Below, we will take a look at Islamic funeral traditions and some beliefs.
Within Islam, there are basically two sects. On a number of religious issues, they hold different views. Muslims commonly believe, for the most part, that when the world is destroyed, entry into Paradise on the Day of Judgment will be yielded according to one’s good deeds. This is also referred to as “Last Day”. Until then however, many Muslims believe the deceased will remain in their tomb. Suffering will be experienced by those heading for Hell and peace will be experienced by those heading for Paradise.
As Death Approaches
Ordinarily, very close friends and family members are present as death approaches. They should be offering encouraging words, kindness, and hope. A prayer is said as soon as death occurs: Inna lillahi wa inna ilayhi raji’un, and a request for forgiveness of the deceased person’s sins.
Additionally, there are specific steps that are taken with the deceased, including covering them with a fresh linen.
Muslim/Islamic Funeral – When to Hold It
From the time of death, as soon as possible, the body should be buried according to Islamic law. This means that immediately, planning and preparations for a funeral must begin. As soon as possible, someone should contact a local Islamic community organization for assistance.
Embalming and Cremation
Where Muslims are concerned, cremation is forbidden.
Unless required by federal or state law, cosmetology and embalming are also not allowed. This contributes to the urgency with which the body needs to be buried. Questions involving the transport of a body from one country to another should be addressed by conferring with a Muslim funeral director or Imam.
The body must be washed (three times – more if necessary – but an odd number of times) in preparation for burial and then shrouded. The washing may or may not be performed by a spouse. There is a specific order in which the body should be washed.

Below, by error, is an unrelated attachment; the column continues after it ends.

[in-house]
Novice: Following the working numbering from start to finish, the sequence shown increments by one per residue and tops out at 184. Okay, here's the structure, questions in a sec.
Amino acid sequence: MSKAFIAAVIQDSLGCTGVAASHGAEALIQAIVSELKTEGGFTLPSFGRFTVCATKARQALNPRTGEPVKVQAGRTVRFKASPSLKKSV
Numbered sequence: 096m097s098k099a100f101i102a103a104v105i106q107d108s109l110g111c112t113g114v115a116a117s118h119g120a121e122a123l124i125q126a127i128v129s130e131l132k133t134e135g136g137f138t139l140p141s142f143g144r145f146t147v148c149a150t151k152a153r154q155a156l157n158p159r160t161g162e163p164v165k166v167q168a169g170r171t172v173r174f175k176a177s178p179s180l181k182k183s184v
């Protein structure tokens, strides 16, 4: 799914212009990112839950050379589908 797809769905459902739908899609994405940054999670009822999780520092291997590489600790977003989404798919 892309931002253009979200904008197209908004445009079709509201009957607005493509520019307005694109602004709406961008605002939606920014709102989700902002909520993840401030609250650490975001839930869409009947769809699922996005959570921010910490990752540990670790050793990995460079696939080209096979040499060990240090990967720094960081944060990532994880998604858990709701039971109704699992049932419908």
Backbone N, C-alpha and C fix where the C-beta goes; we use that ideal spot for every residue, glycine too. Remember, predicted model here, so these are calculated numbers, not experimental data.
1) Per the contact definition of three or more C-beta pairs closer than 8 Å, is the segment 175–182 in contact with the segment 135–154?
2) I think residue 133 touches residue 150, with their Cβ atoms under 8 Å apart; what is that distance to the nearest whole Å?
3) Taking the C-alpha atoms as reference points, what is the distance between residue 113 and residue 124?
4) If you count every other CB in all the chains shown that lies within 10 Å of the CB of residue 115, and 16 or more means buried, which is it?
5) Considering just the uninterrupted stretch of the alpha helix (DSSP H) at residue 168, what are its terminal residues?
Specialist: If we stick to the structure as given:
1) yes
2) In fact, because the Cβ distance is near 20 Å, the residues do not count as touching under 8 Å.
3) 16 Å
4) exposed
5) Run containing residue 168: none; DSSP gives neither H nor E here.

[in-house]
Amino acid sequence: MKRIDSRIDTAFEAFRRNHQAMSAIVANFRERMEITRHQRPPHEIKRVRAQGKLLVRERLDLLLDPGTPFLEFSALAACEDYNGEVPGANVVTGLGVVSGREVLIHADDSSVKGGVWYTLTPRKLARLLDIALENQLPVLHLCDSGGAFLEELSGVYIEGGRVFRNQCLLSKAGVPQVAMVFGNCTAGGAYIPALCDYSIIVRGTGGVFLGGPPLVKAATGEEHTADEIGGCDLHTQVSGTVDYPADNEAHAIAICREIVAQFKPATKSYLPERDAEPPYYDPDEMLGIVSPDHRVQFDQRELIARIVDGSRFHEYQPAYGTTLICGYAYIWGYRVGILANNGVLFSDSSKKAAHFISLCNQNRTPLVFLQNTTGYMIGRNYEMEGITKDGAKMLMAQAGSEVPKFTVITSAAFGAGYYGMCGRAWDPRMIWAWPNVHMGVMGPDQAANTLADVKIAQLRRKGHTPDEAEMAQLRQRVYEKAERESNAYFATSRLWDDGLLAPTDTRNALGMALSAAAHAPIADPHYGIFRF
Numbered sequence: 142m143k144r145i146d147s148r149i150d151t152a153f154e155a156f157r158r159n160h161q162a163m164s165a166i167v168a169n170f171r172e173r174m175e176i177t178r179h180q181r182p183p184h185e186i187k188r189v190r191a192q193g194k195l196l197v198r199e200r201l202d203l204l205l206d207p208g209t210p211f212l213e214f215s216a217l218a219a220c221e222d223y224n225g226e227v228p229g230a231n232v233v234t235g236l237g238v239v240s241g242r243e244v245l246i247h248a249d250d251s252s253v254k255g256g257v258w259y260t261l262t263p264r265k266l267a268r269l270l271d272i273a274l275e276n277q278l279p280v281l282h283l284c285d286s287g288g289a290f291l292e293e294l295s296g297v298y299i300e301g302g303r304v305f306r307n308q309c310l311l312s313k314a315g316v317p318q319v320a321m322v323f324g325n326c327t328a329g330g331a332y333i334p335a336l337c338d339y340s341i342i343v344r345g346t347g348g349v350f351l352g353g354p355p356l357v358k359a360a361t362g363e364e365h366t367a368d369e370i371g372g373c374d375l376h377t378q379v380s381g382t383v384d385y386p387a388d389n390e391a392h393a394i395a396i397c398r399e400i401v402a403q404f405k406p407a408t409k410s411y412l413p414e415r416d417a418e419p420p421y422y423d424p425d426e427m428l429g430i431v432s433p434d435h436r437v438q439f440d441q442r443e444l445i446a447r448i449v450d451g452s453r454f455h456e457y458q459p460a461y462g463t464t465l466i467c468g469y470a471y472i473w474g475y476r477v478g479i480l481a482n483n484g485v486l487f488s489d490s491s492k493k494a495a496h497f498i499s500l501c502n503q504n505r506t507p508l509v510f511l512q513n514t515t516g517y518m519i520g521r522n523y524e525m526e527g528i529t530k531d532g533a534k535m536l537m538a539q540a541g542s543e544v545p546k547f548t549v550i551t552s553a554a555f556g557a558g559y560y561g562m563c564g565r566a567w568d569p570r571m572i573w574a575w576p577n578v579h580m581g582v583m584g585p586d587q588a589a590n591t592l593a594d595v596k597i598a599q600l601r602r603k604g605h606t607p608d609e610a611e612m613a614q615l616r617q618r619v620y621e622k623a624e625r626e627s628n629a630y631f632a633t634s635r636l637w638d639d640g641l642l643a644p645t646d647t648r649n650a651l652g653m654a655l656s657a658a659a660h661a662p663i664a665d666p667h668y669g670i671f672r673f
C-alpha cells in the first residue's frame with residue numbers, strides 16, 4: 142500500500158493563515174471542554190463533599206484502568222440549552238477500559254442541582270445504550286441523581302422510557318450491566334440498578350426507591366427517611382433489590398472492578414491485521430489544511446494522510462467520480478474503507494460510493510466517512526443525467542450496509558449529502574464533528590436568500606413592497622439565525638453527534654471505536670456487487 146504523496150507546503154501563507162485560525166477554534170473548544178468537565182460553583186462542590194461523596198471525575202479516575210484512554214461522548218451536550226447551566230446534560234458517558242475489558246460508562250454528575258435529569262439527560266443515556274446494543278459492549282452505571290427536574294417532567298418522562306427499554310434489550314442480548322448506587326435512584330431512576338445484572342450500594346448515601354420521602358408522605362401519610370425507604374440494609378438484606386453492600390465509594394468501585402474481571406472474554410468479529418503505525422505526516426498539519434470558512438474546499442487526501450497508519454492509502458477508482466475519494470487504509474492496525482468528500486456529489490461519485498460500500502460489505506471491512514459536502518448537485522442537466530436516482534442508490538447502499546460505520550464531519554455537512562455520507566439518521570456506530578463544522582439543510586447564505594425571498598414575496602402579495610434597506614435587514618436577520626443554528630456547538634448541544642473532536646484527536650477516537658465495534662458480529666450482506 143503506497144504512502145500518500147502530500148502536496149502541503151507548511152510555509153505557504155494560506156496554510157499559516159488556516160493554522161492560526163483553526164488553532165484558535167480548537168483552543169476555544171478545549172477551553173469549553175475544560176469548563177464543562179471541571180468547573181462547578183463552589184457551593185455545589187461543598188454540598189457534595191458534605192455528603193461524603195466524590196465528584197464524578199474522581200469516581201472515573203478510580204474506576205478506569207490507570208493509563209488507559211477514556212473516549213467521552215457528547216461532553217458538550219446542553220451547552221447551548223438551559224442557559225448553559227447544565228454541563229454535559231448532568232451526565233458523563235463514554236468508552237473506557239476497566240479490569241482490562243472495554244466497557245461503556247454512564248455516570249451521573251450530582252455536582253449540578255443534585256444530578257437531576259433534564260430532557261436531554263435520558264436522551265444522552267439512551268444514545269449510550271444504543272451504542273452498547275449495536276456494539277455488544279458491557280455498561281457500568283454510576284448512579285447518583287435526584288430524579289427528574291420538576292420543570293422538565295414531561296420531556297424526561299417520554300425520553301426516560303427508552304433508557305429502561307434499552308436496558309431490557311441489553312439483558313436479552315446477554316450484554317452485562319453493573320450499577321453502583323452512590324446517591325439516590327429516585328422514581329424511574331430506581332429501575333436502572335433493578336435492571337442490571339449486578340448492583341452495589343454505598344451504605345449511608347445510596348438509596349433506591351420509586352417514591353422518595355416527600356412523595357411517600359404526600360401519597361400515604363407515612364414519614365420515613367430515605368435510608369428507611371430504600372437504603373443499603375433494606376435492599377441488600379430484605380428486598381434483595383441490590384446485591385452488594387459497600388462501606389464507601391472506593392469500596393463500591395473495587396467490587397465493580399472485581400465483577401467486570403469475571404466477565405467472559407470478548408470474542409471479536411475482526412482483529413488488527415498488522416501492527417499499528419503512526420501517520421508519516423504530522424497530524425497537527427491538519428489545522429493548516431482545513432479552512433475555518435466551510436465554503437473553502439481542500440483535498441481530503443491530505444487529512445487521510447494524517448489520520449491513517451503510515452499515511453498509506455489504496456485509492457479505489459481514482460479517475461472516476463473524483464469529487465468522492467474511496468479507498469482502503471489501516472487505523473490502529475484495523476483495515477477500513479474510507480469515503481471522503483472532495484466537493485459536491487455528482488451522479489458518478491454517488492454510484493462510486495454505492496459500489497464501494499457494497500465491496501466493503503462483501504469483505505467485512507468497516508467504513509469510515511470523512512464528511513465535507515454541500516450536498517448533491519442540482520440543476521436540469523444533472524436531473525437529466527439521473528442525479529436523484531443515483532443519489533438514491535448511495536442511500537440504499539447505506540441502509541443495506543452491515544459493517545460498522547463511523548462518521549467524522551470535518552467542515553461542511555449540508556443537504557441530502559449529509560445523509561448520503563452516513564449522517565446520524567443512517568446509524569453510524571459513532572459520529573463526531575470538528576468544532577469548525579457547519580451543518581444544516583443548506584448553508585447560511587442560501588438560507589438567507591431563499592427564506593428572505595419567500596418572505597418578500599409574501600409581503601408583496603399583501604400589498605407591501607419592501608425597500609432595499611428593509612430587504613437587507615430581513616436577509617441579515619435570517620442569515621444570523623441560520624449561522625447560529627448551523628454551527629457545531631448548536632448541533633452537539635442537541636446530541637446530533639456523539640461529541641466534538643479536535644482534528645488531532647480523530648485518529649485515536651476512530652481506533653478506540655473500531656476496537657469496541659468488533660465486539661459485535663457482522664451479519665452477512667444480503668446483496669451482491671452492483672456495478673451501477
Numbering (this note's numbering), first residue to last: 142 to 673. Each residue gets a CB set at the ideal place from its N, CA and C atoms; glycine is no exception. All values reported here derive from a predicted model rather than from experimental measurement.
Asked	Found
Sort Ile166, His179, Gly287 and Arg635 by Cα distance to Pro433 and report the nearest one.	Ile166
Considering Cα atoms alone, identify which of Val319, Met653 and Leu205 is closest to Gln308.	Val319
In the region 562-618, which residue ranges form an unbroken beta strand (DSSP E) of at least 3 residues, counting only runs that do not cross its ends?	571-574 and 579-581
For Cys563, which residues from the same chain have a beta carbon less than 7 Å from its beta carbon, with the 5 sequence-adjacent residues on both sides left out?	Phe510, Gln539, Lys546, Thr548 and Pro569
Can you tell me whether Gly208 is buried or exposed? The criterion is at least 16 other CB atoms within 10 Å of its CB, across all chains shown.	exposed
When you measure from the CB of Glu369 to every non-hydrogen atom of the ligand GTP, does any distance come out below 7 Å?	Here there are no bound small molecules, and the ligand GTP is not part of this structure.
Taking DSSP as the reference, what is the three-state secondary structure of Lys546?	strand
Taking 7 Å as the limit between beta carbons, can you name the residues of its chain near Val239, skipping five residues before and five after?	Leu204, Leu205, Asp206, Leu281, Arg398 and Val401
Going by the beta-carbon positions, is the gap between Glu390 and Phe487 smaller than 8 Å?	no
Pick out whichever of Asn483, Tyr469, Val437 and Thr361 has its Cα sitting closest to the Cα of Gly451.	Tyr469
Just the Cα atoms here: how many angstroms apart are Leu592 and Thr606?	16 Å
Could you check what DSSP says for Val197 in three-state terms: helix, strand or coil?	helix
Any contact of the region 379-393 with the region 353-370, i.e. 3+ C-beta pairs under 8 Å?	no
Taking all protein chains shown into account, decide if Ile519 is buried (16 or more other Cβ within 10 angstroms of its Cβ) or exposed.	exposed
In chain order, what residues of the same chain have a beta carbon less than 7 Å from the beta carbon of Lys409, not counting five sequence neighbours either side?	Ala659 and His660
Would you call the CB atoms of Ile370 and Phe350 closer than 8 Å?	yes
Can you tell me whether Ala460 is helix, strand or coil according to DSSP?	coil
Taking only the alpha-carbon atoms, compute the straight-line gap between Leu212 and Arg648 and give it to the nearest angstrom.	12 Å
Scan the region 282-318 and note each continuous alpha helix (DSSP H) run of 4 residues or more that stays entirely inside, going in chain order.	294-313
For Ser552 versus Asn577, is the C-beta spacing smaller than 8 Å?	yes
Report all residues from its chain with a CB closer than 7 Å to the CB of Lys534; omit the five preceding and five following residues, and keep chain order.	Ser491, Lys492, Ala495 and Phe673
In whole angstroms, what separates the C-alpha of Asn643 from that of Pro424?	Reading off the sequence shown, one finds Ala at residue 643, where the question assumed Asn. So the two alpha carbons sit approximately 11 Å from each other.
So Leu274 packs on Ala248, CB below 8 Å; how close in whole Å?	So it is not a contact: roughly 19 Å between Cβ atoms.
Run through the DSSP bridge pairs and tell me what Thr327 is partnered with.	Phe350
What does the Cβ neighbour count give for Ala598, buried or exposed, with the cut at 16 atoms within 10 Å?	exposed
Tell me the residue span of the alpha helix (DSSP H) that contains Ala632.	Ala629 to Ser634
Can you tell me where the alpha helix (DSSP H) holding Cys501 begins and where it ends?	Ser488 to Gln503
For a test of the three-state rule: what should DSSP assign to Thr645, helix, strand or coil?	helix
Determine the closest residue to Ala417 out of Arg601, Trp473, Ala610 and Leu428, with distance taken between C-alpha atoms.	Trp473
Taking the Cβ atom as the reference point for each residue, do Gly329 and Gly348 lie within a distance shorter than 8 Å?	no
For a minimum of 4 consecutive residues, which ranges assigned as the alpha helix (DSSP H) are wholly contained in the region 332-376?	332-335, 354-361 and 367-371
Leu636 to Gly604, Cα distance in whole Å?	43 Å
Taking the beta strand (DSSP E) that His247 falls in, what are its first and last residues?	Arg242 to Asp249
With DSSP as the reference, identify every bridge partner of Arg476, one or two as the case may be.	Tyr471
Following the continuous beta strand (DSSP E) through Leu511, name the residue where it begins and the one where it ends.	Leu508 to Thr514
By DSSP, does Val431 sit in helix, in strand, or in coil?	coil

There are also specifics regarding women’s hair, the material used to shroud the body, and more.
Visitation, Wakes, and Viewing
Following death, as soon as possible, a body should be buried when a Muslim dies. Before the funeral, there is no viewing.
The Funeral Service
All members of the community perform funeral prayers (Salat al-Janazah). Though not inside the mosque, the prayers should be recited at it (i.e., mosque’s courtyard, a study room, prayer room, etc.).
The body can be transported for burial, to the cemetery, after the recitation of Salat al-Janazah. At the burial, only men are allowed, traditionally. This depends largely on the community, family, etc. The placement of the body within the grave and the digging of the grave also have requirements that are specific to the religion.
Reception Post Funeral
Immediate family will gather and receive visitors after the funeral and burial. For the first few days of mourning, it is customary for the community to provide the family with food. Generally, for 40 days, the mourning period will last (possibly shorter).
Memorial Events and Mourning
Consisting of approximately four months and 10 days, a mourning period is to be observed by widows. They are prohibited from interacting with any male they might someday be able to wed during this time. In cases of emergency, this rule may be overlooked.
At the time of death, weeping and crying are acceptable, as it is perfectly natural to express grief, according to Islam religion. However, extreme shows of emotion such as breaking objects, tearing clothing, shrieking, wailing, etc., are not allowed.
Should You Need an Islamic Funeral – Turn to Us
At American Heritage Cemetery Funeral Home Crematory, we can handle any culture, religion, theme, and more, regarding the type of funeral service you want or need. We will be happy to discuss any arrangements you want to make and, if you’re at a loss, advise you in whatever way you wish. That includes our ability to put together an Islamic funeral for a friend, spouse, family member, etc.
If you need some help planning a service for your loved one, feel free to contact us today.